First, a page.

Yunro Chung

Asst Professor
DTPHX Campus
Faculty Member
DTPHX Campus


Yunro Chung is an assistant professor with a joint appointment in the College of Health Solutions and Biodesign Center for Personalized Diagnostics (CPD) at the Arizona State University (ASU). His research uses statistical analysis and machine learning for biomedical studies, including clinical trials, laboratory experiments and genomics researches. In particular, he collaborates with other researchers at CPD focusing on discovering and validating novel biomarkers that lead to better screening and early diagnosis of disease.

He received his PhD in Biostatistics from the University of North Carolina at Chapel Hill and his MS and BS in Statistics from the Chung-Ang University (South Korea). Prior to joining ASU, he was a postdoctoral research fellow at the Fred Hutchinson Cancer Research Center, where he developed statistical methods for a recent active surveillance study for prostate cancer. He had industrial experience at Novartis oncology, SAS Institute and Korea Food and Drug Administration.

Google Scholar

Research Interests

I. Statistical Analysis for Biomarker Discovery and Validation

Biomarkers play an important role in early detection of disease and clinical decision-making process. In particular, recent advances in genomics, molecular biology and imaging technologies promise to seek potential biomarkers that could be non-invasive, cost-effective and accurate. Dr. Chungs research has been focused on development of statistical methods for evaluating such biomarkers in various studies including:

  • cross-sectional study with high-dimensional biomarkers for personalized medicine;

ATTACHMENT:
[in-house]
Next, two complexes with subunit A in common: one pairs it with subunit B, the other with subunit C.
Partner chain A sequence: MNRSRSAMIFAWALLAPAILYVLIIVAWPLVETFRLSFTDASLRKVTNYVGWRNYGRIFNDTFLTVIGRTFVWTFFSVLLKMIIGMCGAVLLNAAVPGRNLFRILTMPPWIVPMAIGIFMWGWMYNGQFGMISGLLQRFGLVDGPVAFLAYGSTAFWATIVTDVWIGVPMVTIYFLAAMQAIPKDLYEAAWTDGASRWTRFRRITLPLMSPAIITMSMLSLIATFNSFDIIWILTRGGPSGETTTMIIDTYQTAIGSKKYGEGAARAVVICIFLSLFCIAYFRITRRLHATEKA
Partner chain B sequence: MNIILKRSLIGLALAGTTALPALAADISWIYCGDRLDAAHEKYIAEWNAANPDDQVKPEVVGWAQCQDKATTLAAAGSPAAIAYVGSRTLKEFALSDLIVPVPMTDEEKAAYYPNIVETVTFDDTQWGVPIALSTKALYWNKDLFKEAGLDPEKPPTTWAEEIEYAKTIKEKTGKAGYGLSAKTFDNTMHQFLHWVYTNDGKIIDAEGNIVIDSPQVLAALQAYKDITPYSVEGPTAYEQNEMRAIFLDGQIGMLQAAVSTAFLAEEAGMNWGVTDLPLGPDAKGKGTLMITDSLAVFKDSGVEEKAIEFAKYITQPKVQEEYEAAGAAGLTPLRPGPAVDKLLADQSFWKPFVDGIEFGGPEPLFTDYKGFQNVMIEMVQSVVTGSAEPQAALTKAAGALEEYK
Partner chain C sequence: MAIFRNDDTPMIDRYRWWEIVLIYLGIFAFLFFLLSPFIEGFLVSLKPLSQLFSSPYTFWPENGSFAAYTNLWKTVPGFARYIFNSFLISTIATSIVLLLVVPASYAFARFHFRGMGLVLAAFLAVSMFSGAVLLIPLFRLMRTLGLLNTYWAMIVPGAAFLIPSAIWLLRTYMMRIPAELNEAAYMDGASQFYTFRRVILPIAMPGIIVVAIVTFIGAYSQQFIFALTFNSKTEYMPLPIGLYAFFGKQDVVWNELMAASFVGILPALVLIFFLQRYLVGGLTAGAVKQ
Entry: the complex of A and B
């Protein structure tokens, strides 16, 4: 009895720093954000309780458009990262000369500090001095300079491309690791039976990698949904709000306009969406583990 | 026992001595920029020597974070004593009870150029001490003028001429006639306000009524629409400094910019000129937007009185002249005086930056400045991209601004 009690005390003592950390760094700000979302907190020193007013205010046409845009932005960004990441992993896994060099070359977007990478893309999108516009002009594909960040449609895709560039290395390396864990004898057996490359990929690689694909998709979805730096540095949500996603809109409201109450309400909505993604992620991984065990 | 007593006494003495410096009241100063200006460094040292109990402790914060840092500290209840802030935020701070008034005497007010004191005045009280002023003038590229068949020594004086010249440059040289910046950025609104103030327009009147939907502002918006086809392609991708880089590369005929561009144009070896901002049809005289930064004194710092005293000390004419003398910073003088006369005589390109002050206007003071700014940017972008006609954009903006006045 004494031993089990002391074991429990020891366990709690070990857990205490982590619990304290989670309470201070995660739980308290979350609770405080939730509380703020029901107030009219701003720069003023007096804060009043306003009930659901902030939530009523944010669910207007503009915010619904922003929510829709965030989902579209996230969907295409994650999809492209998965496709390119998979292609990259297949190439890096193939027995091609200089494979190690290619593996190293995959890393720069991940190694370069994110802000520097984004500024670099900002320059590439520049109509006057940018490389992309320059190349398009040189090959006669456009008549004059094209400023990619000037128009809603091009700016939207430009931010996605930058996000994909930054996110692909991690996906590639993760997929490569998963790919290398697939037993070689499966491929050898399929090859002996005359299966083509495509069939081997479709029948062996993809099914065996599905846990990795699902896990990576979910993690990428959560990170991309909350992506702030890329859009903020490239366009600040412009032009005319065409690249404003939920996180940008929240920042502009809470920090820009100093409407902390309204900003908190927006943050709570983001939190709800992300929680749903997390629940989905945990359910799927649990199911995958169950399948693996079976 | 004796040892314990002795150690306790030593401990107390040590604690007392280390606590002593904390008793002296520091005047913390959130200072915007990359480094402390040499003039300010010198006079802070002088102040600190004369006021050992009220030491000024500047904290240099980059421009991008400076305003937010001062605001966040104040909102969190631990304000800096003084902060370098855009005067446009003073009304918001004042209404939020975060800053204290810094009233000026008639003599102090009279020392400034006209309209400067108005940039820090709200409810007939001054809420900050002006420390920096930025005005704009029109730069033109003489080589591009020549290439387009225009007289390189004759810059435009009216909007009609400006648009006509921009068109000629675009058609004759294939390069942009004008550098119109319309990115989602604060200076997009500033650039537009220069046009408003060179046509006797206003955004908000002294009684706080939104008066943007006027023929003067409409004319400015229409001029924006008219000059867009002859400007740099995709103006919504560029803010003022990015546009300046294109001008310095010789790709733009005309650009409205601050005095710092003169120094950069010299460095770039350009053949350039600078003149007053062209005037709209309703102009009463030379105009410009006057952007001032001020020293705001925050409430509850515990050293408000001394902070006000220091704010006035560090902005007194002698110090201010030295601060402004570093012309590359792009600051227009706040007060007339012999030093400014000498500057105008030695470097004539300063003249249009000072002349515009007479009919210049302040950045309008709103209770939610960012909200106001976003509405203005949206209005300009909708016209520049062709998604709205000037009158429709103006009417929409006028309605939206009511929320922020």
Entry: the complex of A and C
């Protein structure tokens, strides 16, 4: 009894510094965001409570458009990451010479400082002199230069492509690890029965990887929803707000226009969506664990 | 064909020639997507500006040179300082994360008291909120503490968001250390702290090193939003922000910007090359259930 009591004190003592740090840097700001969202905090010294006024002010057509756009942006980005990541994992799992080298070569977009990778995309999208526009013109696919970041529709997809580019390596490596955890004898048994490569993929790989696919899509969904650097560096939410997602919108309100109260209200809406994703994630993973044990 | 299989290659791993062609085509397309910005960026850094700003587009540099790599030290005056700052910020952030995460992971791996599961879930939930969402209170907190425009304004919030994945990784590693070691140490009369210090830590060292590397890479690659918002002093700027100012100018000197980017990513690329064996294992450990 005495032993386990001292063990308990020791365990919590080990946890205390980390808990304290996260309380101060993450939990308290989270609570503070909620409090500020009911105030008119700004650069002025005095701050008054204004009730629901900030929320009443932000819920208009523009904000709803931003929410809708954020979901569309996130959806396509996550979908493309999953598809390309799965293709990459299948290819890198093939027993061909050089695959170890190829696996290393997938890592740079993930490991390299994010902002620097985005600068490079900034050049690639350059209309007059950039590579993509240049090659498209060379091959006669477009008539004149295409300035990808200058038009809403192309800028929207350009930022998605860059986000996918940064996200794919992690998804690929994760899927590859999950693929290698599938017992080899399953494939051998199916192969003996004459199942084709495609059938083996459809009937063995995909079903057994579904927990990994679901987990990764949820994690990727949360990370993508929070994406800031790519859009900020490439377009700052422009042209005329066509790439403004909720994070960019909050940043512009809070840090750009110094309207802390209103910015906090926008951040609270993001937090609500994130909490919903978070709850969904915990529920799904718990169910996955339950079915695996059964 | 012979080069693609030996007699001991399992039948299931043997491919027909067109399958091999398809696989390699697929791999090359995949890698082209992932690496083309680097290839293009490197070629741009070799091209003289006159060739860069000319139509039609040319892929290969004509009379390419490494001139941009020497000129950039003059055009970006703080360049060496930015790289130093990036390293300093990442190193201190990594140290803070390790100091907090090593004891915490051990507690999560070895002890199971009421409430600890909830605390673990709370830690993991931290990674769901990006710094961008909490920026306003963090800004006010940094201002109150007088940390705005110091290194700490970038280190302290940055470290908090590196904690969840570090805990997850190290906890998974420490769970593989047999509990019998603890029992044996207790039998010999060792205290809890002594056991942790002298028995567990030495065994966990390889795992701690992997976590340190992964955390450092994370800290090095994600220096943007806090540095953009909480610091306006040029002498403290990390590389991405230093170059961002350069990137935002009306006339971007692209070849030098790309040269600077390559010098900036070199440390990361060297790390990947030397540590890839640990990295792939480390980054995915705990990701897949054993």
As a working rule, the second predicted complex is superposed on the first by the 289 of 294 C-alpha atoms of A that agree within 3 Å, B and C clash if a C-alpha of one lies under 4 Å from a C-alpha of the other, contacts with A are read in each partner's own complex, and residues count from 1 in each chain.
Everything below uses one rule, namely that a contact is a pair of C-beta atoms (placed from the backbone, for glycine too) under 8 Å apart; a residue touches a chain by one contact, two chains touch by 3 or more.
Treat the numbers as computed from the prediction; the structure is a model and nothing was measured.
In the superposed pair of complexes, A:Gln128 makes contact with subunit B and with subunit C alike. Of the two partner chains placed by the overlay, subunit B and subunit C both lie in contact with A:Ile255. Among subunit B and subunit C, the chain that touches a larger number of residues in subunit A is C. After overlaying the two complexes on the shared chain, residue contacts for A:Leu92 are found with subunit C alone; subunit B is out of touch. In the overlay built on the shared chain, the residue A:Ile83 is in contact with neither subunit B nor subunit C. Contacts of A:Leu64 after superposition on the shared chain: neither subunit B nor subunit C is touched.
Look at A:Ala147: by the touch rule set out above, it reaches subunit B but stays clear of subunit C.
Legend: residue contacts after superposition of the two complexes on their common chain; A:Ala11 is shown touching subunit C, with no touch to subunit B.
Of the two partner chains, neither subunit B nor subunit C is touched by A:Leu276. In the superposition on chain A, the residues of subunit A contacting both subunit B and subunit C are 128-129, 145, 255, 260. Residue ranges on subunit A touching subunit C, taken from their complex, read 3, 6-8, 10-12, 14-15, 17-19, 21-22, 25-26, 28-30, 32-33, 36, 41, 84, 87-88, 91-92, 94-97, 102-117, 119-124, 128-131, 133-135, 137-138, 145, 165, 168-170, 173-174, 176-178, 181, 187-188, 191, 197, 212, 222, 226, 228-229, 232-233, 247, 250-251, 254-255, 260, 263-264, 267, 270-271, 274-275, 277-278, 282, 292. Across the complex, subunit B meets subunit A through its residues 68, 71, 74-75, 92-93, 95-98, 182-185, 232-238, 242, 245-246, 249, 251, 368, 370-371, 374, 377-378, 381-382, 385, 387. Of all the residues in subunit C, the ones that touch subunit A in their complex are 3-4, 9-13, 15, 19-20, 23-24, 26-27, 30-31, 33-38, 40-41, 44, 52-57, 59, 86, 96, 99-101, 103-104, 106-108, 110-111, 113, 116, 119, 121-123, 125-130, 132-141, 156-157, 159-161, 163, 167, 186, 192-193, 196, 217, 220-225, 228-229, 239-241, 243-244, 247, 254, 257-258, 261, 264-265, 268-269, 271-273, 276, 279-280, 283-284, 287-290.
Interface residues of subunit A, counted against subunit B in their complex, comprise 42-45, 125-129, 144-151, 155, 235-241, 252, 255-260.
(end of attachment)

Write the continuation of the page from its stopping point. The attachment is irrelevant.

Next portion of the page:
• disease surveillance study with longitudinal biomarkers and/or censored time-to-event outcome;
  • two-phase biomarker study in the presence of surrogate biomarkers.

II. Shape-Restricted Hazard Analysis

Isotonic regression is a useful nonparametric technique for fitting a monotone increasing (or decreasing) function. It offers a flexible tool in estimating a monotone regression relationship between response and covariate. His research applies the isotonic regression techniques to survival data under a natural assumption that the hazard function is a monotone function of one of the covariates. Specifically, a monotone function is incorporated to Cox's proportional hazards model, where it captures nonlinear and monotone covariate effects without specifying a baseline hazard function. His current research project includes

  • Unimodal (or U-shaped) hazard function where the hazard function is monotone increasing and decreasing over a mode, i.e. estimation of both unimodal hazard and mode are of interest;
  • Estimation of monotone hazard function in multiple covariates.


Spring 2019
Course NumberCourse Title
BMI 211Modeling Biomedical Decisions